A Rapidly Changing Realm

Proven security solutions are part of a daily balancing act

Many retail operators continue to face a daily balancing act of maintaining both an online and in-person presence. The coronavirus pandemic accelerated our adoption of online shopping, and the expectation now is that every retailer needs to be proficient in both arenas. This places a heightened emphasis on secure operations that ensure a seamless experience for the customer no matter where they pull out their credit card.

Retail managers thus need to prioritize security solutions that provide a clear return on investment by improving operational efficiency throughout their supply chain to optimize the customer experience.

At the center of retail security operations is inventory management. Product losses, or shrink, continue to be one of the biggest issues retailers tackle and many factor it into their overall budget. According to the U.S. Chamber of Commerce, retail losses nationwide reached nearly $100 billion in 2022. This puts a premium on accurately accounting for all goods, which typically rests with individual employees and some version of a product scanner.

These devices are the cornerstone of retail operations and represent a pivotal bridge to fulfilling orders. They also are becoming increasingly more advanced and expensive, which represents a significant financial and security risk if they end up in the wrong hands.

Managers who closely monitor scanner usage, both in-store and in distribution centers, can see immediate dividends. Some of the largest retailers in the United States and overseas are implementing shared asset management lockers to safely store and charge their scanners.

Managers have greater visibility into which employee has checked out which scanner and through fault logging features, can tell if there’s an issue with a device that requires it to be removed from circulation. This can not only reduce time spent searching for a lost scanner but also eliminate the need for a manager to manually check them out, which saves time and resources, especially at the beginning or end of a shift.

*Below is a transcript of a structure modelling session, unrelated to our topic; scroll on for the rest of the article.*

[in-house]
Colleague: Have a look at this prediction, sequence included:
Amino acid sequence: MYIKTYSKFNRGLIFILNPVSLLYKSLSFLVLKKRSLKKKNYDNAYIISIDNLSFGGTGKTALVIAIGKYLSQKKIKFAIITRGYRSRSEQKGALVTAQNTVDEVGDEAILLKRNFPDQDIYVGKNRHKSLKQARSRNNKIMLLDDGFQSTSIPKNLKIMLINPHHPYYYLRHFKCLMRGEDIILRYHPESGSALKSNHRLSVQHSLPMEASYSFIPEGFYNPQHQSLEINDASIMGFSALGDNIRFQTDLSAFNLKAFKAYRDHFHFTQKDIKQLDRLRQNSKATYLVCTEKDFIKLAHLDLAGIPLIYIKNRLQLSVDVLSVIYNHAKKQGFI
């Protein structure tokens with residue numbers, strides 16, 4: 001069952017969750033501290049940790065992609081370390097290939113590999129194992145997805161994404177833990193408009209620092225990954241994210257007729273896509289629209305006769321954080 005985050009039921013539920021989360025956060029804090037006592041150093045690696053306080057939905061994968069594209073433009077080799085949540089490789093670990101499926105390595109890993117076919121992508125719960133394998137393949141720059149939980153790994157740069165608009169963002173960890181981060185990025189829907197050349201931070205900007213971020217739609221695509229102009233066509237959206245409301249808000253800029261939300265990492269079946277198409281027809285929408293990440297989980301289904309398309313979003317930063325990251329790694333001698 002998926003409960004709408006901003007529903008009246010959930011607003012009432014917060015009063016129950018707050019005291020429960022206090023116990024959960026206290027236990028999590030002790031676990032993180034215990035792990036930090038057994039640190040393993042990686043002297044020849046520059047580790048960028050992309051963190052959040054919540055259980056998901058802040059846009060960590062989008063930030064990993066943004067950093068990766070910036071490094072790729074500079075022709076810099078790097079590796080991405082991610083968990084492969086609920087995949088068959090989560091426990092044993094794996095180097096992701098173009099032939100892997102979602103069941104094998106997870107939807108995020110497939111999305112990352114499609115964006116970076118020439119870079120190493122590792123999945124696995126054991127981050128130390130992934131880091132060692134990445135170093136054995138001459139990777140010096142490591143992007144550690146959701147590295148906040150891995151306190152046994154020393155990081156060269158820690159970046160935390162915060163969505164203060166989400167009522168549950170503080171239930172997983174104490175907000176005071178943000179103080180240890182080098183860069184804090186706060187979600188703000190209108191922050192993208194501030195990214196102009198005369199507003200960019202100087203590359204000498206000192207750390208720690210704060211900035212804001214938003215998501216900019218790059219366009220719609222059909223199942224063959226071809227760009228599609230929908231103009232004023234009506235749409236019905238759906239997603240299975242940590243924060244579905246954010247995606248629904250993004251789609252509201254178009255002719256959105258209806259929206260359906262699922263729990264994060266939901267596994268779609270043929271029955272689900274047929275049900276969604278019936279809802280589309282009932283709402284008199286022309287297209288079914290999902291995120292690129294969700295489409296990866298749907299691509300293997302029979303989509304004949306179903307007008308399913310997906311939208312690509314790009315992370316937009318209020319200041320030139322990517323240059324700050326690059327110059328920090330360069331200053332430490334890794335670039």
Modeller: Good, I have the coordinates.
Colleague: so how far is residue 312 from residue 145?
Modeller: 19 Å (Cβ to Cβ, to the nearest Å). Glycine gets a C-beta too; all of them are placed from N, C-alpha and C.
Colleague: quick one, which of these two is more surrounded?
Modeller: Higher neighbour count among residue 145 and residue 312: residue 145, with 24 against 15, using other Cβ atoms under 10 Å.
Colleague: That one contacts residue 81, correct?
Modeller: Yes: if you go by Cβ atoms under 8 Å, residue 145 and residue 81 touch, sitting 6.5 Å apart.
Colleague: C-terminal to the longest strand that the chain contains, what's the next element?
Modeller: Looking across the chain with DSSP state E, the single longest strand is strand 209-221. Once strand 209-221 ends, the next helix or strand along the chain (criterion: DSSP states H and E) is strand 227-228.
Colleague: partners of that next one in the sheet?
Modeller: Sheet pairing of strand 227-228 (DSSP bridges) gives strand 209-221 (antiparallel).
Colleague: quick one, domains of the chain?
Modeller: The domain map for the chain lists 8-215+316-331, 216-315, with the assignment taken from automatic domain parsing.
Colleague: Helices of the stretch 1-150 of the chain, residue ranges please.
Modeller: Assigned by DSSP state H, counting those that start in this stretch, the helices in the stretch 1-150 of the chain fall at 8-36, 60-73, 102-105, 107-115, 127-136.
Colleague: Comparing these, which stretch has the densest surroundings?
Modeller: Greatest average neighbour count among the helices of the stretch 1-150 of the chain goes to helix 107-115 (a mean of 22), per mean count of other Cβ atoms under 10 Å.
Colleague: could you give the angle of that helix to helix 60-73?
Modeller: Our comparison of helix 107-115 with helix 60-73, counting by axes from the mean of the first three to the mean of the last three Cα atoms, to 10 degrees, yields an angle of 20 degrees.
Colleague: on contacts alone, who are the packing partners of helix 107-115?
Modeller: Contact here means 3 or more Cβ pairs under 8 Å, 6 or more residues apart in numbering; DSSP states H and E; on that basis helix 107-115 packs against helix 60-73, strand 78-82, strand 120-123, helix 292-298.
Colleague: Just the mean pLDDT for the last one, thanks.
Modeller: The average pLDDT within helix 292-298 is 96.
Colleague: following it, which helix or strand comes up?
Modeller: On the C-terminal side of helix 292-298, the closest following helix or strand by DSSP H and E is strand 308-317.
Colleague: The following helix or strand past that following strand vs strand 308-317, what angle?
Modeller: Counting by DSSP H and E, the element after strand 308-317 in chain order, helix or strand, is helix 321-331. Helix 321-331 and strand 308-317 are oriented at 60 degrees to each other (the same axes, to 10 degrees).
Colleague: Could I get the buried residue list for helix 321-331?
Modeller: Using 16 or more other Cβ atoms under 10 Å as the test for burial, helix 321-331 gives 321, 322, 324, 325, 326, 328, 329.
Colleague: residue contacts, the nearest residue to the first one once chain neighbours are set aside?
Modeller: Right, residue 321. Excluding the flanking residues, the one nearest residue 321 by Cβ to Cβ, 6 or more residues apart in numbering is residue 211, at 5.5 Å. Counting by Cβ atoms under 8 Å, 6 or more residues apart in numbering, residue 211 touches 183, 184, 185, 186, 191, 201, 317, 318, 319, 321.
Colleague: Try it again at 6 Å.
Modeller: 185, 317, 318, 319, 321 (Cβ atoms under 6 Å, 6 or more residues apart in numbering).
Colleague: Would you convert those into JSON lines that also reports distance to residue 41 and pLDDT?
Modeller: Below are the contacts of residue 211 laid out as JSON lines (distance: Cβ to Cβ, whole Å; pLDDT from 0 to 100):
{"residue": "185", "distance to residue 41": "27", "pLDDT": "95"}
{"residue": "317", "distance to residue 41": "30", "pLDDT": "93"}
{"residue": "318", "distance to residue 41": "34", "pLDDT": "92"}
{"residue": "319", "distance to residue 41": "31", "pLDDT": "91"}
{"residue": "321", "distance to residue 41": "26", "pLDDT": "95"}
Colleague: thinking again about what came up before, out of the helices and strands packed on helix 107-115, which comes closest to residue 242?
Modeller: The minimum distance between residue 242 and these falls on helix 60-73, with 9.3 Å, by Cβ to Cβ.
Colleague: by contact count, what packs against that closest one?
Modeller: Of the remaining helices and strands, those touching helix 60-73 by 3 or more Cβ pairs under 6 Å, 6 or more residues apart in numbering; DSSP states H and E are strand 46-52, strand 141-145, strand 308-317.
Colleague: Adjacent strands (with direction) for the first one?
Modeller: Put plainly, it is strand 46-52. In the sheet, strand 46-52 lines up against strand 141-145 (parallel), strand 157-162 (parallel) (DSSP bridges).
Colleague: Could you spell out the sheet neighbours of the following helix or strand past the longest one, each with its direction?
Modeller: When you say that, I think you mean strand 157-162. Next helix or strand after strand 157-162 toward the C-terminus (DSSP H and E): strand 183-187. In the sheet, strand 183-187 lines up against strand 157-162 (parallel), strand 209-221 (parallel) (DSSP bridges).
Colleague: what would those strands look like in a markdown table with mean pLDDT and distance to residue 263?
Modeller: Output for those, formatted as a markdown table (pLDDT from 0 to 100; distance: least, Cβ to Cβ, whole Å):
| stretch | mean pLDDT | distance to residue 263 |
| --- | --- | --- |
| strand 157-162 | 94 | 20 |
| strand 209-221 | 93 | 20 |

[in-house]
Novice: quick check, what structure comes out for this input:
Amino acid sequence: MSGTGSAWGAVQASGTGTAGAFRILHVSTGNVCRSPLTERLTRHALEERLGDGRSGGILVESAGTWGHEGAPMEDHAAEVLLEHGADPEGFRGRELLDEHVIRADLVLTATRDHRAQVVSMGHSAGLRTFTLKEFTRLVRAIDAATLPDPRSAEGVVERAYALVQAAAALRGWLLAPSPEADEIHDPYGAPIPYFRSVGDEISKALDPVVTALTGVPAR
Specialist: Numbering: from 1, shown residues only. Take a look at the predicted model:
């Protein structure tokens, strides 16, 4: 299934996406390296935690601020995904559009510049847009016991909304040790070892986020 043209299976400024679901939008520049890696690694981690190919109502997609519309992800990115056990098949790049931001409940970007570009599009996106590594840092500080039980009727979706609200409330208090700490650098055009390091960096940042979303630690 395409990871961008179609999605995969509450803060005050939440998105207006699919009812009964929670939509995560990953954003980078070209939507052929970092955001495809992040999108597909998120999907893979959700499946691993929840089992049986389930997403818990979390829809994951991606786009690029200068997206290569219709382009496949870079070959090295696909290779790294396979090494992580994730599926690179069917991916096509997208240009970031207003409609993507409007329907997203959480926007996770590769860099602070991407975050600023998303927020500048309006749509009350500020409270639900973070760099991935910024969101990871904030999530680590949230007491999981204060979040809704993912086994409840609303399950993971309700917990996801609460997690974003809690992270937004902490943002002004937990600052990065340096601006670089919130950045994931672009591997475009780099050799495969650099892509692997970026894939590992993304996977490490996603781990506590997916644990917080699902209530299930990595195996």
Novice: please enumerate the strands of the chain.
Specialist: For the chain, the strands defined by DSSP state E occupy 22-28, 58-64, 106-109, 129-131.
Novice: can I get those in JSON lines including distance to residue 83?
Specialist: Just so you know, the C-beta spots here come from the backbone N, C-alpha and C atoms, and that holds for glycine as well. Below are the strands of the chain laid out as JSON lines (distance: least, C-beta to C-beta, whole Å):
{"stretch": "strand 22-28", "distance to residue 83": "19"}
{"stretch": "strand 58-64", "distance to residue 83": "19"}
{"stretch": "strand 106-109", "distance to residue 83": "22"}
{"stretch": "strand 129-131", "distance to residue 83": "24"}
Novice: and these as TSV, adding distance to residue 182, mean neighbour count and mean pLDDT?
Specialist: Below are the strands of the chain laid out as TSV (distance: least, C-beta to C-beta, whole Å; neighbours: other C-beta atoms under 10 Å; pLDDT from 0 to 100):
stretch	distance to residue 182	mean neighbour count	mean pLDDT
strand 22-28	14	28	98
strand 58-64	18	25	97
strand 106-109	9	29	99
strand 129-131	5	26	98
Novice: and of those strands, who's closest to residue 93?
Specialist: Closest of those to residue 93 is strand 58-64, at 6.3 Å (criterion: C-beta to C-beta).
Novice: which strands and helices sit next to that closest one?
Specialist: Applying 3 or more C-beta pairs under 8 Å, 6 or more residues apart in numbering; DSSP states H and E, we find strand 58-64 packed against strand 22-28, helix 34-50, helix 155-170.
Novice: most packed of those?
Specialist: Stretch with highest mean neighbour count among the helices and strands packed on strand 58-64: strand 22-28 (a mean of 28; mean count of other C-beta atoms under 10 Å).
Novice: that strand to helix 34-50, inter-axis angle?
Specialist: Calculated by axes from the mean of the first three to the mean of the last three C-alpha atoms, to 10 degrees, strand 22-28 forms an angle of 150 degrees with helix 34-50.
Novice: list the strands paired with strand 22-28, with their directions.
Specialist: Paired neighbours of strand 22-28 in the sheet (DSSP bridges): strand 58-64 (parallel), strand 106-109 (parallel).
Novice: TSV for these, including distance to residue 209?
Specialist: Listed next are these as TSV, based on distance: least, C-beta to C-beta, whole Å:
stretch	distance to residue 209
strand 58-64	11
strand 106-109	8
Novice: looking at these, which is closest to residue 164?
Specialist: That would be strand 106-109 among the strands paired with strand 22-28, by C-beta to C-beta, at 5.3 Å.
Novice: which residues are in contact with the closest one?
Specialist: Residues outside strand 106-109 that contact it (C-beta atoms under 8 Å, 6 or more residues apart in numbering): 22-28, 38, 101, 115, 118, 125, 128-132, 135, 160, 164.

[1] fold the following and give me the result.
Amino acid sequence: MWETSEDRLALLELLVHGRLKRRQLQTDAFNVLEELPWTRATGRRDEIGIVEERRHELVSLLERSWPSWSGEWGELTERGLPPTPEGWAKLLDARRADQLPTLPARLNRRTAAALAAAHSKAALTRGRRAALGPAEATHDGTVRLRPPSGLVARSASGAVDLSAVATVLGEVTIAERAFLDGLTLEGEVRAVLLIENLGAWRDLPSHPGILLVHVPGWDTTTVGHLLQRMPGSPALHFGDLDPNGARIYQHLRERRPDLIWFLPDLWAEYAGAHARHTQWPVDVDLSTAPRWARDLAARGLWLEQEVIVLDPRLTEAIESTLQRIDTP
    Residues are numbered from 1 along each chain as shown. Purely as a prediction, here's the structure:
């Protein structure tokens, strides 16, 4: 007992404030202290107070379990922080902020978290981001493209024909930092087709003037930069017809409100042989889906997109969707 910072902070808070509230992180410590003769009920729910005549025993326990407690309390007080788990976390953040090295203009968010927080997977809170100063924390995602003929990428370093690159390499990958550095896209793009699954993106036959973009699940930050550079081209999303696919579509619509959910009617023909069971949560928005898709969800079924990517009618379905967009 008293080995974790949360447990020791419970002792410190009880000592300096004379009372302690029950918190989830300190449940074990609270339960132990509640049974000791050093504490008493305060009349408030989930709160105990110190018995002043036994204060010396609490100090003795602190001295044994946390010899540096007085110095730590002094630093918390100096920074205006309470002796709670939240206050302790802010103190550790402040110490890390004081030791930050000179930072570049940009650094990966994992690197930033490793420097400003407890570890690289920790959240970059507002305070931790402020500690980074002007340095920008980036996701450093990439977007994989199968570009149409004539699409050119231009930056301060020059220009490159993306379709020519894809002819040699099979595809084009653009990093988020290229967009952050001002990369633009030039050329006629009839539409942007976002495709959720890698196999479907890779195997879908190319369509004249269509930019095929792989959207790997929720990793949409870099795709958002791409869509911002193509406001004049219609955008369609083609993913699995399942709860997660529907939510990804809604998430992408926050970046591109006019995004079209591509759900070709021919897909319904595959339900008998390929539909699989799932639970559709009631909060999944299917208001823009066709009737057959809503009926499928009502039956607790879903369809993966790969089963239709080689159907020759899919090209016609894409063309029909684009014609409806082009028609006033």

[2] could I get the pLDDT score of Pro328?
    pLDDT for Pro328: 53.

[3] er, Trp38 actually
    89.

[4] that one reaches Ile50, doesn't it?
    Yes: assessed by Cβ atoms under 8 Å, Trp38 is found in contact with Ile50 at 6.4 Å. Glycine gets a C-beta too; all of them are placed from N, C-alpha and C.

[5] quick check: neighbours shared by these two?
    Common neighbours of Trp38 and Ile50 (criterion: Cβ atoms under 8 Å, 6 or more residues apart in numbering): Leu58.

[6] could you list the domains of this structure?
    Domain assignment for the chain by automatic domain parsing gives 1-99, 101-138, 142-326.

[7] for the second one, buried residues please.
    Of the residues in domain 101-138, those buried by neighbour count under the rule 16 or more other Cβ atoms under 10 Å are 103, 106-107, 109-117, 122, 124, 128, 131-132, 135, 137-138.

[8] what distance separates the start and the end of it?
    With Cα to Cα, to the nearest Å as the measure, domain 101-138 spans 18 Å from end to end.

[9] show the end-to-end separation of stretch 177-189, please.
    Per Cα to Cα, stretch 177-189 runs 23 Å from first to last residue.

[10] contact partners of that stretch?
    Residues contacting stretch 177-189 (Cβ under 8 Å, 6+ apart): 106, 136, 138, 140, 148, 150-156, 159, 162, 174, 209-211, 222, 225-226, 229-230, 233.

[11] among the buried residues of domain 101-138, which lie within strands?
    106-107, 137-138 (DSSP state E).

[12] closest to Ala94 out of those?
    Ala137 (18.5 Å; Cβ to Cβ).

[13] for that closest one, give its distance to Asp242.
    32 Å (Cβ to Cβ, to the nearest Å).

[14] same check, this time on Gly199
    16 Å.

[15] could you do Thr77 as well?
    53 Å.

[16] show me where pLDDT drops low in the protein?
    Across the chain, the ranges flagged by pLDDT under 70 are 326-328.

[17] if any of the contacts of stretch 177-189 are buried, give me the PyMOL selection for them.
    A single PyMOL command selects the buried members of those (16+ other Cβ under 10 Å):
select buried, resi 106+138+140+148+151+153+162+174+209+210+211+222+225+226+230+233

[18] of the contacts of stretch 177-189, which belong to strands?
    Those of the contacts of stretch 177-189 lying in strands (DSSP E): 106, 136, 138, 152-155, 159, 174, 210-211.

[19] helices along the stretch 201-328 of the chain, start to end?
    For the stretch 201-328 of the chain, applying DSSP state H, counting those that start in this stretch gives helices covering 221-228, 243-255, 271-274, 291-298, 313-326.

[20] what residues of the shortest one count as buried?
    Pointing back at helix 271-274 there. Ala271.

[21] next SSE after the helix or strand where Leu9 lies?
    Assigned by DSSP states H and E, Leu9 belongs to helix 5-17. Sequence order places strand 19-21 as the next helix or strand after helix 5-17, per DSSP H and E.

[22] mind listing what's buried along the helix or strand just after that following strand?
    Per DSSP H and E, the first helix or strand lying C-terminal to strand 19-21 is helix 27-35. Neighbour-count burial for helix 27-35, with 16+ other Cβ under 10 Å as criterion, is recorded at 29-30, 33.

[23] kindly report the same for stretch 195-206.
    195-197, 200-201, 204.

The same concept of maintaining an audit trail of scanner usage can be applied to other shared devices like radios, tablets, and laptops. It can also be seen regarding retailers’ most basic security measure: keys. Like scanners, key cabinets can be utilized both in-store and in distribution centers to guarantee safe access to not only secured areas but expensive equipment also. Managers can monitor this usage remotely, which is especially important when dealing with multiple stores, distribution centers, or a combination of both.

One of the most prominent examples of this lies in fleet vehicles, which, for many retailers, are the lifeblood of distribution efforts. Their efficiency is connected to the customer experience and overall success of a business, especially as more consumers are expecting condensed shipping and delivery windows.

Managers can effectively monitor their fleet by assigning certain vehicles to certain drivers to ensure equal usage, which can cut down on maintenance costs by extending the fleet's life. Just like with asset management lockers, managers can also implement curfews so that when a vehicle and its key aren’t returned by a certain time, they’re notified to speed up finding that vehicle and its key.

When those vehicles are being loaded at distribution centers, there are additional safety and security measures that can be implemented to ensure efficiency. One international fashion retailer uses an iFob/Susie lock system in its centers that requires a vehicle to be immobilized before a dock door can be opened.

Once the merchandise has been loaded onto the truck, the trailer door must be closed, and the dock must be cleared of personnel and machinery before the lock can be disengaged to allow the driver to leave. This virtually eliminates accidents of trucks leaving before their trailer door is closed and safeguards against potential theft from unauthorized dock access.

As noted above, retail security is deeply rooted in operational logistics that extend from the distribution center to customer checkout.

In truth, the same key and asset management systems that impact those arenas can be used throughout a retailer’s footprint, including in facility management, commercial development, compliance, and engineering. Any of those departments can directly impact customers and executives need to consider security solutions that are scalable to all facets of their operation, especially as the retail landscape evolves and businesses enter another holiday season.

Retailers in the United States, and across the world, are discovering every day how key and asset management are vital tools in doing so while providing the highest level of customer service.

This article originally appeared in the November / December 2023 issue of Security Today.

About the Author

Brian Davidson is the regional sales manager at Traka.

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